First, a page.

Disruptions of the serotonin system have also been implicated in both anxiety and addiction disorders. For example, studies have demonstrated reduced 5-HT1A receptor binding in the insula of patients with social anxiety disorder (Lanzenberger et al., 2007) and depression (Bhagwagar et al. 2004; Sargent et al. 2000). Furthermore, rhesus monkeys exposed to early-life stress have been reported to have reduced 5-HT1A receptor binding throughout the majority of the brain (Spinelli et al., 2010), and monkeys exposed to this rearing condition exhibit behavioral and chemical indications of high anxiety, including increased frequency of serious aggression, decreased complexity of social behavior, lower social rank achieved, increased alcohol consumption and increased adrenocorticotropin releasing hormone (ACTH) and cortisol levels in response to acute stress (Barr et al., 2009; Higley et al., 1991, 1996a,b, Suomi et al., 1997). Similarly, decreased 5-HT2A receptor binding in several cortical structures, including the insula, has been shown in patients with obsessive-compulsive disorder (OCD) (Perani et al. 2008). Based on the involvement of the 5-HT system in behavioral abnormalities observed in animals exposed to early life stress and the involvement in psychopathology, as evidenced by specific serotonin reuptake inhibitors (SSRIs) and other 5-HT-acting agents being the most widely prescribed psychotropic medications (Golden, 2004), we chose to investigate the 5-HT system in our primate model. We investigated 5-HT1A, 2A, 2B and 2C in cortical brain tissue. Of these receptors, 5-HT1A and 5-HT2A are most heavily expressed in cortex. The 5-HT1A receptor is expressed on presynaptic terminals where it regulates glutamate and 5-HT release and is also active postsynaptically, whereby it hyperpolarizes pyramidal neurons. By contrast, 5-HT2B receptors induce a net depolarization of pyramidal neurons (for review, see Andrade, 2011).
It has also been suggested that disruptions of the serotonergic system may be involved in the development of alcoholism (Johnson, 2004; Verheul et al., 1999). Serotonin receptor expression has been shown to be altered in animals and humans exposed to chronic ethanol, as well as in humans with mood disorders (Heinz et al., 2004; Lopez-Figera et al., 2004). Additionally, previous data from our group has demonstrated ethanol-induced alterations in 5-HT1A receptor expression in specific regions of the hippocampus in both cynomolgus and rhesus macaques (Davenport et al., 2005, 2007). Indeed, SSRIs have been shown to decrease spontaneous ethanol consumption in rodents (Kelai et al., 2003; Maurel et al. 1999). More specifically, stimulation of 5-HT1A receptors decreases ethanol intake (McKenzie-Quirk and Miczek, 2003; Kelai et al., 2006), and chronic ethanol consumption has been shown to alter 5-HT1A receptor expression in the brain as well as increase receptor sensitization (Kelai et al., 2008; Nevo et al., 1995; Storvik et al., 2009). These findings suggest that altered serotonin function may be a common factor contributing to both mood disorders and alcohol addiction potential (Lesch, 2005). One mechanism by which serotonin regulates cortical function is through modulation of glutamatergic signaling, suggesting that serotonergic regulation of cortical hyperexcitability could be involved in mechanisms of mood disorders and alcohol addiction potential. We therefore focused on AIC as an important region to examine the regulation of neural excitability by serotonin and how infant rearing conditions and chronic drinking may affect serotonergic function in insular cortex.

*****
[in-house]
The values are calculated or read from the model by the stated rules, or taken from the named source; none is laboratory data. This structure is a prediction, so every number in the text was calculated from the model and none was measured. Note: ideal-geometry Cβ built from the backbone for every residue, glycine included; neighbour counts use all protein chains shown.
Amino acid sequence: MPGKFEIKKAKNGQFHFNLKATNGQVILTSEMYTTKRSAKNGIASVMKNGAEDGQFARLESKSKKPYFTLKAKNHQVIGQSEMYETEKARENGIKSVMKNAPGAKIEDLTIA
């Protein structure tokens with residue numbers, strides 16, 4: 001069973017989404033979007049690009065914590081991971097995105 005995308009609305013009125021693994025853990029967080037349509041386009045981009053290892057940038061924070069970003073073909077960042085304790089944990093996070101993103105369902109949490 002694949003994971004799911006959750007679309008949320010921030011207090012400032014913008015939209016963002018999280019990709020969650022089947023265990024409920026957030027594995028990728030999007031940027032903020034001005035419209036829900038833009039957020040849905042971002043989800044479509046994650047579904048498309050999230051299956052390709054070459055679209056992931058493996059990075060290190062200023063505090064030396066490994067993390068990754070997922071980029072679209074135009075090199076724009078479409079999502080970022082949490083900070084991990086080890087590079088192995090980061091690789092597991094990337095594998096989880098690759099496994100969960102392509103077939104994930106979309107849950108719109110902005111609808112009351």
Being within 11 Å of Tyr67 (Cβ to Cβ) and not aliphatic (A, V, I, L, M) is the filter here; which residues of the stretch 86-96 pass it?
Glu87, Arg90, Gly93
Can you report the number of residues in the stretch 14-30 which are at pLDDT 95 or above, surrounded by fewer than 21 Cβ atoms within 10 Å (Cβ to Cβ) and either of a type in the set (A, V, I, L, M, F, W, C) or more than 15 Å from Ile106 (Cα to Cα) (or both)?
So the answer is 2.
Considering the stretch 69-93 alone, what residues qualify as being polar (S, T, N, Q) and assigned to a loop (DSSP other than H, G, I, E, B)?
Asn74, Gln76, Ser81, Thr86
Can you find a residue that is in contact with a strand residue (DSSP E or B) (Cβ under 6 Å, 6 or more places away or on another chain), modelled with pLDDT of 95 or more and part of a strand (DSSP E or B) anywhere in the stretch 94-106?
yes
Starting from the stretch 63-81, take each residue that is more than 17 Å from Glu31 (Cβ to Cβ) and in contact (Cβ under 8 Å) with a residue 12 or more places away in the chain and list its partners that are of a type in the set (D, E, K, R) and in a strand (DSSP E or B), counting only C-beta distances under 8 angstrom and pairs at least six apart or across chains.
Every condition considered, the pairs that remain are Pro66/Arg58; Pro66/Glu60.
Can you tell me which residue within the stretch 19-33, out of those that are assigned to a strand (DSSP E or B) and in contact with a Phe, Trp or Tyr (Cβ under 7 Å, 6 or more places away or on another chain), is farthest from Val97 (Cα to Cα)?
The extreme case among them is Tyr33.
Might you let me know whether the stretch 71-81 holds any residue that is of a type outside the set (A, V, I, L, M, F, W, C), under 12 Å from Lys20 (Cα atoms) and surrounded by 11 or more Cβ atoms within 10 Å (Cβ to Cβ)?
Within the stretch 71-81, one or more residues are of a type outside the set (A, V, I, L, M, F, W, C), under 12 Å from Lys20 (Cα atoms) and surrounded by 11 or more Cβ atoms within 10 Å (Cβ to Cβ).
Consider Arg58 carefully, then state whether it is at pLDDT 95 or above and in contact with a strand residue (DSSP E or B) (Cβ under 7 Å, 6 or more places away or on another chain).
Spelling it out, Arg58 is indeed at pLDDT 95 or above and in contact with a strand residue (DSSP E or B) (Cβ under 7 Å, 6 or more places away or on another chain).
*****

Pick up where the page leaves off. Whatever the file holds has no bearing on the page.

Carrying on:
We used nursery-reared nonhuman primates as a model to determine possible mechanisms by which early-life stress might lead to later alcohol drinking behavior. Nursery-rearing in nonhuman primates has been shown to result in behavioral and neurochemical changes later in life consistent with affective disorders, and these animals have been reported to consume greater quantities of ethanol relative to MR animals (Harlow et al., 1959; Harlow et al., 1965; Harlow & Suomi, 1974; Seay & Harlow, 1965; Suomi, 1997; Shannon et al., 1998; Sanchez et al., 2001; Machado & Bachevalier, 2003; Cirulli et al., 2009; Higley et al., 1991). Consistent with this, a parallel study using the mother-reared (MR) and nursery-reared (NR) ethanol-naïve monkeys that were also used in the current study reported altered socioaffective behavior in NR monkeys compared to MR monkeys (Corcoran et al., 2011). This model thus provides a unique resource to understand neurobiological changes similar to those that may occur in human children exposed to early-life stress and how these changes may contribute to the development of addictive behaviors later in life.